Catherine of Siena was born healthy and warm, despite the outbreak of Black Death in her 14th century Italian hometown. Unlike Derek and the other children, she was able to find a way out, through Christianity. A vision is exactly what the cold children needed in the locked church hall, but it was only Catherine who received one at the age of six and thusly found God, so her biographer reported, whether we should believe it or not.
Childhood belief is an important motivational tool and parenting strategy. So are images and the way their plural meanings are tied up in the structures of knowledge development. Without adult guidance children entertain, and believe in, the strangest of things: childhood knowledge might evolve through a series of abstract conversations, fictional narratives or fairy tales. More concretely, oral ability, reading comprehension and critical reasoning are the adult’s aims in teaching their children. Fair enough, the textbooks might have it right, the development of language skills in childhood are foundational, but what about creative expression? – intuitive learning alongside structured tuition – soaking up the basics but taking nothing for granted.
We all should be wary of creating generic, indistinguishable children. We should neither want to give birth to a Catherine of Siena, nor a child who speaks only in rhyme or meaningful abstractions. The paradox being the latter of the two is a good description of the former. The point is language is both a system to be learned and equally a space for experimentation. Experiments go wrong. Sometimes people don’t learn all they need to. All too often concentration is given to the acquisition of knowledge for the quantitative sake of it. I suppose it’s obvious to say we all have faith, but increasingly few of us have religion.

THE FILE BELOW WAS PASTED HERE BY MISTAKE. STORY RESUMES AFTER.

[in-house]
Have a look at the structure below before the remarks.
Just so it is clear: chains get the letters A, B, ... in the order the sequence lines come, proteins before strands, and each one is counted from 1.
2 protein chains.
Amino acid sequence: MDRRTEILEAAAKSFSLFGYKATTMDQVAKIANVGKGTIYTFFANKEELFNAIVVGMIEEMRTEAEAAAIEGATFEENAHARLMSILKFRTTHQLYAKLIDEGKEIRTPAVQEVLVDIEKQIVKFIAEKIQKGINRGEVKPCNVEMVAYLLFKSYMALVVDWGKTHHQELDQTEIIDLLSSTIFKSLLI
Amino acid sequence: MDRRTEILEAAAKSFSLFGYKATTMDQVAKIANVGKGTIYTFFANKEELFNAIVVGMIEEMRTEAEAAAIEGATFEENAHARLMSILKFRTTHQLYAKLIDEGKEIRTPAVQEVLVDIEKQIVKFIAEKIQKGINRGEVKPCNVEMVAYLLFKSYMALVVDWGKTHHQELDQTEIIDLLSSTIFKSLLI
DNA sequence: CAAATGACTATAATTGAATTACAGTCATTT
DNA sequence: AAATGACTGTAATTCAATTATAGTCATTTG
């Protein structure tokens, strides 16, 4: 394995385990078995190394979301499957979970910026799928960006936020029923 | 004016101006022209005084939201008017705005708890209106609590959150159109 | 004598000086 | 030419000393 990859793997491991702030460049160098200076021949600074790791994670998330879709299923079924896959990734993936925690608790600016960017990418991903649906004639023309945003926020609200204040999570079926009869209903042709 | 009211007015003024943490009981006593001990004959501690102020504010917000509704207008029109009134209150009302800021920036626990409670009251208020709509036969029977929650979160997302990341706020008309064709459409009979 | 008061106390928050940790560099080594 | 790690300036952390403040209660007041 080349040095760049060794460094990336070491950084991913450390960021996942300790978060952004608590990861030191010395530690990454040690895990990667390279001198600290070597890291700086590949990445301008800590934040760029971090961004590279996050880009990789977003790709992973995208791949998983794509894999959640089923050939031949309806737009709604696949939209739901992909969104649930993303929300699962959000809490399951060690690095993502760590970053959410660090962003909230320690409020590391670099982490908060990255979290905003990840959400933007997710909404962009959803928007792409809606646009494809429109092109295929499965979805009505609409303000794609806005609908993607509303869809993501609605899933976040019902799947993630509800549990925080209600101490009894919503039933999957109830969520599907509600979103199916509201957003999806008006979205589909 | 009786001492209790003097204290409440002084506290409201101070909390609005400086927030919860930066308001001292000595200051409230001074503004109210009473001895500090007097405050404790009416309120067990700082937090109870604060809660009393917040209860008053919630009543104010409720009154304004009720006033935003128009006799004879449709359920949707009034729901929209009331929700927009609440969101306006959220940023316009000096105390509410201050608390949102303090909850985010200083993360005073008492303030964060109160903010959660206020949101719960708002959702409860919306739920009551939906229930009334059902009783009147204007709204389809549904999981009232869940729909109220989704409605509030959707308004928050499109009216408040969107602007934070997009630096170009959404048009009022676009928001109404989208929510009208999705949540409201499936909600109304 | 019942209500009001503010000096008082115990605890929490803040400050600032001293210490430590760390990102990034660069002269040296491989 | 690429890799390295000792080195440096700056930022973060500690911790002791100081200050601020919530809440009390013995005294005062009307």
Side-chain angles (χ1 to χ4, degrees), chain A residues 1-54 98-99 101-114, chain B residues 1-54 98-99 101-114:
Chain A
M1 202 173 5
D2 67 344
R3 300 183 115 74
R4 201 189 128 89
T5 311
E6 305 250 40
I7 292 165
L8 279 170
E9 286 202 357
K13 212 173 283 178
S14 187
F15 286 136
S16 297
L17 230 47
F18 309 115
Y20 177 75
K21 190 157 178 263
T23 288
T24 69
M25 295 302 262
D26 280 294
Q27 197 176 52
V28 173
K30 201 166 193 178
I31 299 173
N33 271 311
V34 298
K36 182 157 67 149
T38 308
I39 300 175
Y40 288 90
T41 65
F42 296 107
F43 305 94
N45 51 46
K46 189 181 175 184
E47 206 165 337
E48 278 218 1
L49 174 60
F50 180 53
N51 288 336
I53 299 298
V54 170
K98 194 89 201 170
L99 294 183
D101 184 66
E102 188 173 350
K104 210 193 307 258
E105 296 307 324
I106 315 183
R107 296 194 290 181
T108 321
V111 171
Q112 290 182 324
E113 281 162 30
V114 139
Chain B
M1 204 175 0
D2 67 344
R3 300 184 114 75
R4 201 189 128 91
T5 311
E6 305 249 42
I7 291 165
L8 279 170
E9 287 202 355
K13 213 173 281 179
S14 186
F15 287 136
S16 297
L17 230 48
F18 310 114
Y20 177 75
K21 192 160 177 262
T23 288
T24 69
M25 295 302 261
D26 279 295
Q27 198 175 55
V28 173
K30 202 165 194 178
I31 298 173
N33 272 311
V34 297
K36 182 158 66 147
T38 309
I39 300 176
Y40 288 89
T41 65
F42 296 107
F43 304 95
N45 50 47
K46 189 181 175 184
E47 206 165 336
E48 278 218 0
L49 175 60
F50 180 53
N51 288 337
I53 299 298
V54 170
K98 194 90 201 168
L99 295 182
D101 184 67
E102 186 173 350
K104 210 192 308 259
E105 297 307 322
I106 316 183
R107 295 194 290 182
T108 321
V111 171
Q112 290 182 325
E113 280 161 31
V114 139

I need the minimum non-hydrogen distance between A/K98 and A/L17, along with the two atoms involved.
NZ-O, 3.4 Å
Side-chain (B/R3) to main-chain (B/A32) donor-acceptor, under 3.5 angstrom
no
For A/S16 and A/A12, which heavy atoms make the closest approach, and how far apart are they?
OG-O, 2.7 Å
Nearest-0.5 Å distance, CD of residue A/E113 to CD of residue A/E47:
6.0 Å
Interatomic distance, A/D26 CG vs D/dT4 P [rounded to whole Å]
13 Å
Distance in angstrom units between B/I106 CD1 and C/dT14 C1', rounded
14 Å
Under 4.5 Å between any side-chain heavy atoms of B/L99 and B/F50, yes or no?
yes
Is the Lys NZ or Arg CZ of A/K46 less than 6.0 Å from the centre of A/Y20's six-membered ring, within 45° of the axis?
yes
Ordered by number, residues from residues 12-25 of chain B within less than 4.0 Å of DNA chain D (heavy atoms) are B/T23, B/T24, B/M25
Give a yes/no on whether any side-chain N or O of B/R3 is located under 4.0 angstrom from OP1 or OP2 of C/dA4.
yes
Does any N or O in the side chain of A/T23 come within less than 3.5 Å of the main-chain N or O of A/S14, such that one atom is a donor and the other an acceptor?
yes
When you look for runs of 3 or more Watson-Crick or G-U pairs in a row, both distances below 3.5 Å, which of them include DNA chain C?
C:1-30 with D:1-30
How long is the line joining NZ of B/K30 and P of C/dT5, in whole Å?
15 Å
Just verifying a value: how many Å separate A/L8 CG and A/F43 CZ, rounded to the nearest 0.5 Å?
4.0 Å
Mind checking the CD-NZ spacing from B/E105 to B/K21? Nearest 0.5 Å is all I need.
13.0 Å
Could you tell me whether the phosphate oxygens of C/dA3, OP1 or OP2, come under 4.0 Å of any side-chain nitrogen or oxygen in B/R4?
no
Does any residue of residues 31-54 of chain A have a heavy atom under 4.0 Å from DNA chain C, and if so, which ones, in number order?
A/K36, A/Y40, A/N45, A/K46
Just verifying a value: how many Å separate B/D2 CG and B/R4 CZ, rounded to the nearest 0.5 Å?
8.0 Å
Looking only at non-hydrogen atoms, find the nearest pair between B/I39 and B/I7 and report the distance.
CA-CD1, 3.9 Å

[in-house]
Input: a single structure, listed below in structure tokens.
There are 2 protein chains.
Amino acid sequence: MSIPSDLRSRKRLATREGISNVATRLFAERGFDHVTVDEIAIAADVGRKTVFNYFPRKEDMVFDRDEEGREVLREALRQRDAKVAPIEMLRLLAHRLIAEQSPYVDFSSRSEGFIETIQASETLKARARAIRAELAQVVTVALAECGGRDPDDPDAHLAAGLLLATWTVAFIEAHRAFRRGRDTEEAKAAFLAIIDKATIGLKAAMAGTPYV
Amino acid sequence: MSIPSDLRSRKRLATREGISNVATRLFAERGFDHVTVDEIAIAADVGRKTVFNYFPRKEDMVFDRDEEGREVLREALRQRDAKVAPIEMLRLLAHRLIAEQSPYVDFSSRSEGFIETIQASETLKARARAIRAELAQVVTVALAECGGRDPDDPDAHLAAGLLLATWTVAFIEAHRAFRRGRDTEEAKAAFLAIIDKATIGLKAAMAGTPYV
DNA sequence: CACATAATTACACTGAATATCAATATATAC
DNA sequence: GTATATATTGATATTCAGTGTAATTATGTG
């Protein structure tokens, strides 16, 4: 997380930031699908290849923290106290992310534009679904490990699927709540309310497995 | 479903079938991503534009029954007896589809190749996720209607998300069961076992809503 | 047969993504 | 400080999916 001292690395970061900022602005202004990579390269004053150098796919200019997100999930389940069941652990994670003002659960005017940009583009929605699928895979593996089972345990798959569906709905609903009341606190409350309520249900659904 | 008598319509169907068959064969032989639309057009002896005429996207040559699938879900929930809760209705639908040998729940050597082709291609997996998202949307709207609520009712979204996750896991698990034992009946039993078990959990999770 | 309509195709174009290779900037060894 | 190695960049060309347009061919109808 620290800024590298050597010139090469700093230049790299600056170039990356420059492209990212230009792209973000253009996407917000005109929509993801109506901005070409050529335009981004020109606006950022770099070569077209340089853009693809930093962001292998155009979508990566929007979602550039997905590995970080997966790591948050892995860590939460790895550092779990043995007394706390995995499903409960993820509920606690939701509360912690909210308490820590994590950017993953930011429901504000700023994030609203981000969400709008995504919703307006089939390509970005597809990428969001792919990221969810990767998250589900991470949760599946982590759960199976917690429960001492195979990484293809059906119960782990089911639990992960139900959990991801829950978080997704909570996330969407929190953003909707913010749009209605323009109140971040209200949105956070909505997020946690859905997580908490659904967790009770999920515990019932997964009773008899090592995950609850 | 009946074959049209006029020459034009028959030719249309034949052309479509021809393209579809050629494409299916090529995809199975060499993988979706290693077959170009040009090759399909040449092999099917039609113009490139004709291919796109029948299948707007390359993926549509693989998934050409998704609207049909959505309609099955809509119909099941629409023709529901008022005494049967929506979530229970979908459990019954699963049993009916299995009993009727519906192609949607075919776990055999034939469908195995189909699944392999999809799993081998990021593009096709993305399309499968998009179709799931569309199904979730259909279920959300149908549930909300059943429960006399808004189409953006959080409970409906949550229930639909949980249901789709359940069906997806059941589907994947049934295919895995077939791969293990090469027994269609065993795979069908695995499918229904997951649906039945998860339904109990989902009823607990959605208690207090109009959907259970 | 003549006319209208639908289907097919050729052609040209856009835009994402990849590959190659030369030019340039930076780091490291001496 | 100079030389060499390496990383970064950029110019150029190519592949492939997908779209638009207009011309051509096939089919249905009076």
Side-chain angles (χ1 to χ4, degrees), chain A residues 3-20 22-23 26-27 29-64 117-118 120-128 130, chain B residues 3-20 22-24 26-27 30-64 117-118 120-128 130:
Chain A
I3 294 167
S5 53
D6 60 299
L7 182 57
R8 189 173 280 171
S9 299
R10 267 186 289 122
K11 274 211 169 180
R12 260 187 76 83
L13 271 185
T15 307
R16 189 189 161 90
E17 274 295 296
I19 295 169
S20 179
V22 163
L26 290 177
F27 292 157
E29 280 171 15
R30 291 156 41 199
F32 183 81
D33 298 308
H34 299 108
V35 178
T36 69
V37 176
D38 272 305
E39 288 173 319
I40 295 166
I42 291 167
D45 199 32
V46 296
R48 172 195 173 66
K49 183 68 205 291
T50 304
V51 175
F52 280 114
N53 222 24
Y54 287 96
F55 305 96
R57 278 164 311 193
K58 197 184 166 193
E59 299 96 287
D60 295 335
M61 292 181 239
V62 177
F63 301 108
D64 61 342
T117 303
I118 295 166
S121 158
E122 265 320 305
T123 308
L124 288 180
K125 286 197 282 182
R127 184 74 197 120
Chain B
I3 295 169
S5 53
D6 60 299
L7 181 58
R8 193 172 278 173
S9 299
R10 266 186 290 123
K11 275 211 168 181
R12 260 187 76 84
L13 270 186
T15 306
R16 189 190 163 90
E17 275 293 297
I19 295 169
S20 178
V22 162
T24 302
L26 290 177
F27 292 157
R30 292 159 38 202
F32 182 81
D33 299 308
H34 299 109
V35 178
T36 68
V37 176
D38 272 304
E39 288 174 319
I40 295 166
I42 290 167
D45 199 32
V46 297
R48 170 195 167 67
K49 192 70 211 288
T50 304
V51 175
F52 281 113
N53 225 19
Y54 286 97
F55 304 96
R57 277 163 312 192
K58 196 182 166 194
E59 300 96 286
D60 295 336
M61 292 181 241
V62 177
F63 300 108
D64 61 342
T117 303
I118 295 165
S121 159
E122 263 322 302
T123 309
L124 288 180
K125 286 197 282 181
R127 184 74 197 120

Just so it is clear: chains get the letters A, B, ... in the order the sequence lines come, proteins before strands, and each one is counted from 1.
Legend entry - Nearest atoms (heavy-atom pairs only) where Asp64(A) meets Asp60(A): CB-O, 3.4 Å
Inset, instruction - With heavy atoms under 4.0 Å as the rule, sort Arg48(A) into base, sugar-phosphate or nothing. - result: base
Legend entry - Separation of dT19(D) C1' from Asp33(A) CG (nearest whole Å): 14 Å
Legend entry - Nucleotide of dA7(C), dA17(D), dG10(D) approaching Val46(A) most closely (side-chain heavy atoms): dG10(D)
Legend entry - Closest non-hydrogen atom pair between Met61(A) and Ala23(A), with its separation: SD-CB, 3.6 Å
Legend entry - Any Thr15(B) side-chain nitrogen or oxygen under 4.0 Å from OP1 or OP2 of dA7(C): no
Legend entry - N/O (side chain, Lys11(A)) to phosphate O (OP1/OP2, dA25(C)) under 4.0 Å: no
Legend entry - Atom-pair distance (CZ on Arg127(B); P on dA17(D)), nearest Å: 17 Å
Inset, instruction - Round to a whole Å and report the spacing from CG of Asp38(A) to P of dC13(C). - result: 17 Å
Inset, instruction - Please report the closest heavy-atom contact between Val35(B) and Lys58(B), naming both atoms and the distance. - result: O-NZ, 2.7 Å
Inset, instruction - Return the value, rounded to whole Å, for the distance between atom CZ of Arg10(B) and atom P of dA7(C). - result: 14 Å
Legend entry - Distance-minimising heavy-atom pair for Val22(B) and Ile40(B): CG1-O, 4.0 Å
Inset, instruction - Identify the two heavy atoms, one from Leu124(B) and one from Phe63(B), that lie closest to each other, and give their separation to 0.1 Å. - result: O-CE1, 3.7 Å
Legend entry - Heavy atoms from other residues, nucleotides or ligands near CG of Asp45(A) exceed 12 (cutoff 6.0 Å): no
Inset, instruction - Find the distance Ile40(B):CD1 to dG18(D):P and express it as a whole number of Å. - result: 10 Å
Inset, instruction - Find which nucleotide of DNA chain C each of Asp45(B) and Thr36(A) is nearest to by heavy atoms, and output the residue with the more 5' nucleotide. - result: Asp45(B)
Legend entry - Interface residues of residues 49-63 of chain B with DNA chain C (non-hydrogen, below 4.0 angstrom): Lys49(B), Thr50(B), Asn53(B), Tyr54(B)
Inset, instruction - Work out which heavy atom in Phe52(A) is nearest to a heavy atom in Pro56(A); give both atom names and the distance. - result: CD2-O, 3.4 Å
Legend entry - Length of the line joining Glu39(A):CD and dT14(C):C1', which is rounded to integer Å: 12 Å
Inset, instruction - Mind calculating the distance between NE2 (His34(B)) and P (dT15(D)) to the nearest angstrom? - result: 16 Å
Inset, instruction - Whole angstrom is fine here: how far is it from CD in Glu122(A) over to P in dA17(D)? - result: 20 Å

Certain objects take journeys through childhood memory and become parodies of themselves, like things generated by a computer, or those moments socially where you forget who you are and have to act up to find yourself again. Children should be taught to believe in things, but what and why? Most likely such experiences are forgotten later and never make it to the fixity of adulthood. A few memories remain, however, and this might be transformative or identity building.
Identity is a constant confusion as it relates to age. How many people would these children become in their lifetimes and what would these individuals come to believe? Catherine of Siena developed an identity so large and rhetorical, that she must have lived quite consistently, maintaining her role as a theological philosopher, after escaping The Plague and completing her mystical marriage to Jesus.
The cold children might get married one day, but not during this particular visit to the church. They were left huddled, wrapped in each other and their inability to know how to move from the stasis of the situation they found themselves in, surrounded by a general state of disappointment, to somewhere new.
At the end of The Conference Room a microphone presented itself on a stage. The room warmed to the appearance of this object and the children were compelled to approach it individually to speak, absurdities slowly turning into aphorisms.
This short story was commissioned by Manchester Art Gallery and was written to accompany the exhibition Half-life of a Miracle by Pat Flynn. It is available in a fully illustrated book, published by MAG and distributed by Cornerhouse.